The importance of this work is of course the first hand account of the post-slavery years in the South, but more than that, it is the beauty and originality of the language. This is not some heavy handed Peter Carey reconstruction (Ned Kelly, Jack Maggs), but a poet writing as she and the people around her speak.
The rhythms of John’s preaching, the rhythms of their partying and dancing are the rhythms of Africa –
Furious music of the little drum whose body was still in Africa, but whose soul sung around a fire in Alabama. Flourish. Break.
Ole cow died in Tennessee
Send her jawbone back to me
Jawbone Walk, Jawbone Talk
Jawbone eat wid uh knife and fork.
Aint Ah right?
Ain’t I right? Yeah!
Hollow-hand clapping for the bass notes. Heel and toe stomping for the little one. Ibo tune corrupted with Nango. Congo gods talking in Alabama.
As it happens, the book I read and wrote up before this one was Christina Stead’s The Little Hotel (to be posted in January). Stead’s protagonist is a German-Swiss, the guests are English, French, Swiss, Italian and the maids have their own language from whichever region of Italy they are from. So I’ve been thinking a lot about rendering language into English, which of course is a problem here too in Australia.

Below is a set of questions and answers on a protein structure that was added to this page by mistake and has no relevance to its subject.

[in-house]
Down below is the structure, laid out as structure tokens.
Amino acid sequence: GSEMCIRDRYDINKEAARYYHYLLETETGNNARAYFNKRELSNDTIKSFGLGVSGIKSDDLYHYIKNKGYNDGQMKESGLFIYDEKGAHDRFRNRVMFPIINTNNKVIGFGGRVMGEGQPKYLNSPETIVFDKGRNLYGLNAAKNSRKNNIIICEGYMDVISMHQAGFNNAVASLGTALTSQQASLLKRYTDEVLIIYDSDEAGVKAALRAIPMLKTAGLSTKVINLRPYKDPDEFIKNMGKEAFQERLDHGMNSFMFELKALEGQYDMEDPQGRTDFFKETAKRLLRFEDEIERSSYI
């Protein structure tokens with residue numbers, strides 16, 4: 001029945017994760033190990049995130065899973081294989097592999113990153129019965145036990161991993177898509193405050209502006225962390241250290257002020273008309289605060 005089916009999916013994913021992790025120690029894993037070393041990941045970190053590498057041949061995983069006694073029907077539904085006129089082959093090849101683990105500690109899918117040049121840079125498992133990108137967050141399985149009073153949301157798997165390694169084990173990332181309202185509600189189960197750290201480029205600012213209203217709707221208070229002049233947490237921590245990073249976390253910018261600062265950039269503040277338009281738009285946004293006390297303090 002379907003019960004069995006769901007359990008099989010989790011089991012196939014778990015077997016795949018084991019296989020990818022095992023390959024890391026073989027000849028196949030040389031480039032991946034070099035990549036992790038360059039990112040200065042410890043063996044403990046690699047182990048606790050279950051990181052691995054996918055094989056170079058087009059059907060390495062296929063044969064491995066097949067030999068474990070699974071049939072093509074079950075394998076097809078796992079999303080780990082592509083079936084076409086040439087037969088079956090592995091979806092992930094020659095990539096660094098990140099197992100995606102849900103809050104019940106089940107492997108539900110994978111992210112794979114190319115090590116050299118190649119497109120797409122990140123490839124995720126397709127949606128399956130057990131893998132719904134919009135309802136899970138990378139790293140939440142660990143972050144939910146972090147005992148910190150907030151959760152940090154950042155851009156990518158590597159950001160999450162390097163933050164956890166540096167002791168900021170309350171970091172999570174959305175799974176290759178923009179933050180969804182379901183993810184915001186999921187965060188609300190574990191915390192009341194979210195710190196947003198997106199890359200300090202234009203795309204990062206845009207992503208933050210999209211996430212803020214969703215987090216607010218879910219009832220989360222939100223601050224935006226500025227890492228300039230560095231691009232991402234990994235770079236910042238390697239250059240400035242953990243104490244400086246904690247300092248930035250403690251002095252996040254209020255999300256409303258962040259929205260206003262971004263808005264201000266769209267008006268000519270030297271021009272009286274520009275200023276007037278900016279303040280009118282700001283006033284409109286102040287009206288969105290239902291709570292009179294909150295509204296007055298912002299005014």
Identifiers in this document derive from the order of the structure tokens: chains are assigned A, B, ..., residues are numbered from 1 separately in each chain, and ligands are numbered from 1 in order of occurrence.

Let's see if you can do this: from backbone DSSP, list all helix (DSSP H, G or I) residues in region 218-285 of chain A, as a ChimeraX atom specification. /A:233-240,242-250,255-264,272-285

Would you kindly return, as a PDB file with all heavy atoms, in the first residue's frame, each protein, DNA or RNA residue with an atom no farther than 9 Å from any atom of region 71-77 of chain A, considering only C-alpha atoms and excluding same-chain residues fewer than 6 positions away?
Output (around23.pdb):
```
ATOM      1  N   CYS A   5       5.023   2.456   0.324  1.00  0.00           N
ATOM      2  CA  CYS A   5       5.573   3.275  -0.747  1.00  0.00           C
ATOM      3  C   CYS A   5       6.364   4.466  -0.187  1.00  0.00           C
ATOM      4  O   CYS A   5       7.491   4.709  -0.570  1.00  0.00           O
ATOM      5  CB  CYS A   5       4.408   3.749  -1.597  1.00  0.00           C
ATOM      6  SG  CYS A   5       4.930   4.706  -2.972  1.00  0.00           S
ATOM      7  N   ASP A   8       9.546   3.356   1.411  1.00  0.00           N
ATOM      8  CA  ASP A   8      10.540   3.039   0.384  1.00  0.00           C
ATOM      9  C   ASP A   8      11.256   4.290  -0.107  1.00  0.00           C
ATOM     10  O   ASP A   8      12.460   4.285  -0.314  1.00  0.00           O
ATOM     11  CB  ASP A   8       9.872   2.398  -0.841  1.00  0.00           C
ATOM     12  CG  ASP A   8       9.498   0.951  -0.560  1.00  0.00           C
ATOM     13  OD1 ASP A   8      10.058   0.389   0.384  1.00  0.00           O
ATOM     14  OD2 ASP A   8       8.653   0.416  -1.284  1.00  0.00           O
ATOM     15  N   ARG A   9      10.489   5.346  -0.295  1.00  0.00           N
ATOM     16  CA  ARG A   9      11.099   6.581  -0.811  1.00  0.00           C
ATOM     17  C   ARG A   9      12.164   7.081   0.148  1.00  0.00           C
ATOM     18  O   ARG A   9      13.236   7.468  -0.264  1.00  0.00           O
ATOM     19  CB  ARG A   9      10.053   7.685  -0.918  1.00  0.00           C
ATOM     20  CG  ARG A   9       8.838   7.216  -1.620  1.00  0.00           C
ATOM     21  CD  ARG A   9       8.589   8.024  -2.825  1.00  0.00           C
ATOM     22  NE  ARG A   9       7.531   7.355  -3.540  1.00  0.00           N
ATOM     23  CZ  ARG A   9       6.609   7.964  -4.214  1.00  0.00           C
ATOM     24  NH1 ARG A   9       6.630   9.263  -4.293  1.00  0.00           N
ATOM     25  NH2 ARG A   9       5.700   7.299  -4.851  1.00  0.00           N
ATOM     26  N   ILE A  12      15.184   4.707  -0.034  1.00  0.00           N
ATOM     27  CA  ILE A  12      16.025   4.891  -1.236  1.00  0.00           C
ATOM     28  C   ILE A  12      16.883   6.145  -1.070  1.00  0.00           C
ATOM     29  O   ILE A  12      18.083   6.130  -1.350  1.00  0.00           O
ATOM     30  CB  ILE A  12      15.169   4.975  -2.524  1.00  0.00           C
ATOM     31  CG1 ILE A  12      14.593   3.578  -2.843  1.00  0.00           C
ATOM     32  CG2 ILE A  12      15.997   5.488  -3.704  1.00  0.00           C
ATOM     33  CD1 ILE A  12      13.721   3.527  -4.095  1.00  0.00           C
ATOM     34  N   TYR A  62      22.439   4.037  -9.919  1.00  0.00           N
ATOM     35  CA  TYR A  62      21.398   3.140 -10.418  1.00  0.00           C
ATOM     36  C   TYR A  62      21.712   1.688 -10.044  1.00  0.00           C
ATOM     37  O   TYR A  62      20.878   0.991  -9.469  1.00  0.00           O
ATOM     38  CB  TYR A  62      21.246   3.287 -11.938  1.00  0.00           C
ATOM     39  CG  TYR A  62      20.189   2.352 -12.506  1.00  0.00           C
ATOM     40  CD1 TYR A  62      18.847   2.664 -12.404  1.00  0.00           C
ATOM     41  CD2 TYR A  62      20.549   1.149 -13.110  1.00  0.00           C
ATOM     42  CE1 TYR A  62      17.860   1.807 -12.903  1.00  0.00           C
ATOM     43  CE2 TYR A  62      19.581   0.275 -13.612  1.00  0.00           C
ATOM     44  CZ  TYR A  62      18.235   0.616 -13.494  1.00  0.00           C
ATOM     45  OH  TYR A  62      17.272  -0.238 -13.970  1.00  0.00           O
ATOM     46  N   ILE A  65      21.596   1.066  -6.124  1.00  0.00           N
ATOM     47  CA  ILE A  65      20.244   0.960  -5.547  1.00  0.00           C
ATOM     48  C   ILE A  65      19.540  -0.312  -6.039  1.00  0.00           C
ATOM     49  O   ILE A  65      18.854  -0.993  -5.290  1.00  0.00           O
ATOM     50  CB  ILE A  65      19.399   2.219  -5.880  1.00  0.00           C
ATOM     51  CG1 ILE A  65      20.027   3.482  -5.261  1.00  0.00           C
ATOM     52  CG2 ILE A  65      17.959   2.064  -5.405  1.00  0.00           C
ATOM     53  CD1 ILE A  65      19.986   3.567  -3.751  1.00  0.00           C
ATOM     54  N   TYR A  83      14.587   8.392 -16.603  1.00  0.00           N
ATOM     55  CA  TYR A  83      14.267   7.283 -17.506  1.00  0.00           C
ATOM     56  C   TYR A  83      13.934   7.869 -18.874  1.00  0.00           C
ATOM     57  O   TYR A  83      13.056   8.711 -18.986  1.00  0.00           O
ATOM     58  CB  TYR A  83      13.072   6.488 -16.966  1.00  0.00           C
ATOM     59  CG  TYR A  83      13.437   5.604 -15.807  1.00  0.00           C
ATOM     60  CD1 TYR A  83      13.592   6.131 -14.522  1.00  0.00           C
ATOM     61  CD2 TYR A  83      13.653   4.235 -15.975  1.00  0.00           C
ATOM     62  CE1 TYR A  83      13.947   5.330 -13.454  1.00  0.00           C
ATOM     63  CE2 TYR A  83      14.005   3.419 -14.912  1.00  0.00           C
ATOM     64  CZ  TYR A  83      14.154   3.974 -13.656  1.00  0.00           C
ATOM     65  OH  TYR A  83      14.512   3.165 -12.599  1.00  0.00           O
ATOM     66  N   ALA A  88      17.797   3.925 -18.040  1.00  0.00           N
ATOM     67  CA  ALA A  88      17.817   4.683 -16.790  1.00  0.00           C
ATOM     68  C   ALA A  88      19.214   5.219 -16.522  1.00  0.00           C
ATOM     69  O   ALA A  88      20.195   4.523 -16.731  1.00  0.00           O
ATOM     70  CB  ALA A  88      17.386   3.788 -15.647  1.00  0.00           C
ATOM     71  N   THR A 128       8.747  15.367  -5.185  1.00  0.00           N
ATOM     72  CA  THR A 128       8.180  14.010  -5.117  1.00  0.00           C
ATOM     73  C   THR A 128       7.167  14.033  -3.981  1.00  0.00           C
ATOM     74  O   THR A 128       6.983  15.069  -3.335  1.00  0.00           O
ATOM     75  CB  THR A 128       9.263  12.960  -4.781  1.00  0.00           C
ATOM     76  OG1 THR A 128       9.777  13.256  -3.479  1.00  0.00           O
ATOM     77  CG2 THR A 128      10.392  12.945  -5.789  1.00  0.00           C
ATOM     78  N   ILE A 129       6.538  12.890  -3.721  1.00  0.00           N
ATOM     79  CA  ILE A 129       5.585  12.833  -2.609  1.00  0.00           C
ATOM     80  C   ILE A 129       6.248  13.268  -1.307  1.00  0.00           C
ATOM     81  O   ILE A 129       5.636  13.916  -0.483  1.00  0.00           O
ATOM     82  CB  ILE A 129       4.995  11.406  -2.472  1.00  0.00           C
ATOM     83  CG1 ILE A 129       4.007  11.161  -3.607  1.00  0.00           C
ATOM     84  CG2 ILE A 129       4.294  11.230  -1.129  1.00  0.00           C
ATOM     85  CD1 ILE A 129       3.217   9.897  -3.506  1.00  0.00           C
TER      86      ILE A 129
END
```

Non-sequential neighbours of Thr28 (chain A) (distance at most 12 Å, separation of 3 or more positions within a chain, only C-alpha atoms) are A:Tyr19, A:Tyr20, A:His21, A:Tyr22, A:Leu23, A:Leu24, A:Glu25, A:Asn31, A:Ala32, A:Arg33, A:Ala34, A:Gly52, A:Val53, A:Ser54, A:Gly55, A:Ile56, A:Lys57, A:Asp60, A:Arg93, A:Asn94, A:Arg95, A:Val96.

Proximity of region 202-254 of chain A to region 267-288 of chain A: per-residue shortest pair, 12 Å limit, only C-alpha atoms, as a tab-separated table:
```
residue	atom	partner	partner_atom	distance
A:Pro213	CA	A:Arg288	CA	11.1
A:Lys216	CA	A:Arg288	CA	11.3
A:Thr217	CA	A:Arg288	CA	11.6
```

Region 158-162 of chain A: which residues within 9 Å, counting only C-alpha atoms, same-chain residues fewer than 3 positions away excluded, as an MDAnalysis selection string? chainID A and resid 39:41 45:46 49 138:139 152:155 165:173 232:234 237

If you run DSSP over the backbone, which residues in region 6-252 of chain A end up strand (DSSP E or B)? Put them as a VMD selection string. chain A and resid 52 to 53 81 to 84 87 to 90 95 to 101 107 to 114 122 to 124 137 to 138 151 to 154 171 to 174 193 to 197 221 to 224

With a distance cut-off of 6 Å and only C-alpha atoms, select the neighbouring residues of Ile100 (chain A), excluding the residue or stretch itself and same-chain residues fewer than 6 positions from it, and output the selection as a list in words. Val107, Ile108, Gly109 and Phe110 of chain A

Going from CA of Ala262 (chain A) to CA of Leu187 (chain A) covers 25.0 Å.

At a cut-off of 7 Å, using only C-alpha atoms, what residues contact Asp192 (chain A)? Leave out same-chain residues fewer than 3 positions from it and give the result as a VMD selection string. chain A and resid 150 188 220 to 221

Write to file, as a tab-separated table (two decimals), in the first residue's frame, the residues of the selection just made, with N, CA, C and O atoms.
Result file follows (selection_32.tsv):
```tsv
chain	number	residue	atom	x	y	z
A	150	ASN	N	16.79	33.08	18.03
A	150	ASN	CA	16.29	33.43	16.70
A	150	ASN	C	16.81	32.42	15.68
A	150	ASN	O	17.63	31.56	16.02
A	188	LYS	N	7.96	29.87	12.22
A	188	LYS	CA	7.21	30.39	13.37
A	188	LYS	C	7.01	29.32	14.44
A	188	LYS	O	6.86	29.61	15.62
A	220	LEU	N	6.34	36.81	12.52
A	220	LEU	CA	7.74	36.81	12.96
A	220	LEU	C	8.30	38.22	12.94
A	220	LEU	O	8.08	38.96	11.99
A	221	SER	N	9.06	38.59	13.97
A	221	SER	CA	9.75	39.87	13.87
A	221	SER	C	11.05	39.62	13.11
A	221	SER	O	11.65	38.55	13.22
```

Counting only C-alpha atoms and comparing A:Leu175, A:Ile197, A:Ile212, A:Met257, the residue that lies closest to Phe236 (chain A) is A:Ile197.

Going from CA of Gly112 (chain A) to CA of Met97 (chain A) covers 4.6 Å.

I love Hurston’s approach: This is the way we speak, suck it up!
It is very easy – and far too common – to dismiss non-received English as Pidgin. But Hurston demonstrates that yes, poor Black Americans must speak some English to communicate with their masters/employers, but also that they have language histories of their own, to which they will not let go.
Before he is made to leave Alabama, John often leads the prayers –
John never made a balk at prayer. Some new figure, some new praise-giving name for God, every time he knelt in church. He rolled his African drum up to the altar, and called his Congo Gods by Christian names. One night at the altar-call he cried out his barbaric poetry to his ‘Wonder-workin’ God so effectively that three converts came thru religion under the sound of his voice.
But in the end, John is a weak vessel, not worthy of Lucy, boastful and heedless of Lucy’s greater wisdom. Lucy, in fact would have been a much more interesting subject. And I hope a least one of Hurston’s other novels has a female protagonist. Eatonville, Florida was an all-Black town, indeed Pearson was for a while mayor, and Hurston was able to grow up as her mother intended, away from prejudice. John and Lucy’s children play such a small part in the story that I didn’t take the time to work out which one of them she was.
This is a fascinating story, of a flawed man, written with great poetry. There is an Introduction, written by someone I don’t know, about the influence Hurston had on that person, so I skipped it. But I will be looking for more.
Zora Neale Hurston, Jonah’s Gourd Vine, first pub. 1934. This edition Virago, London, 2020. 215pp.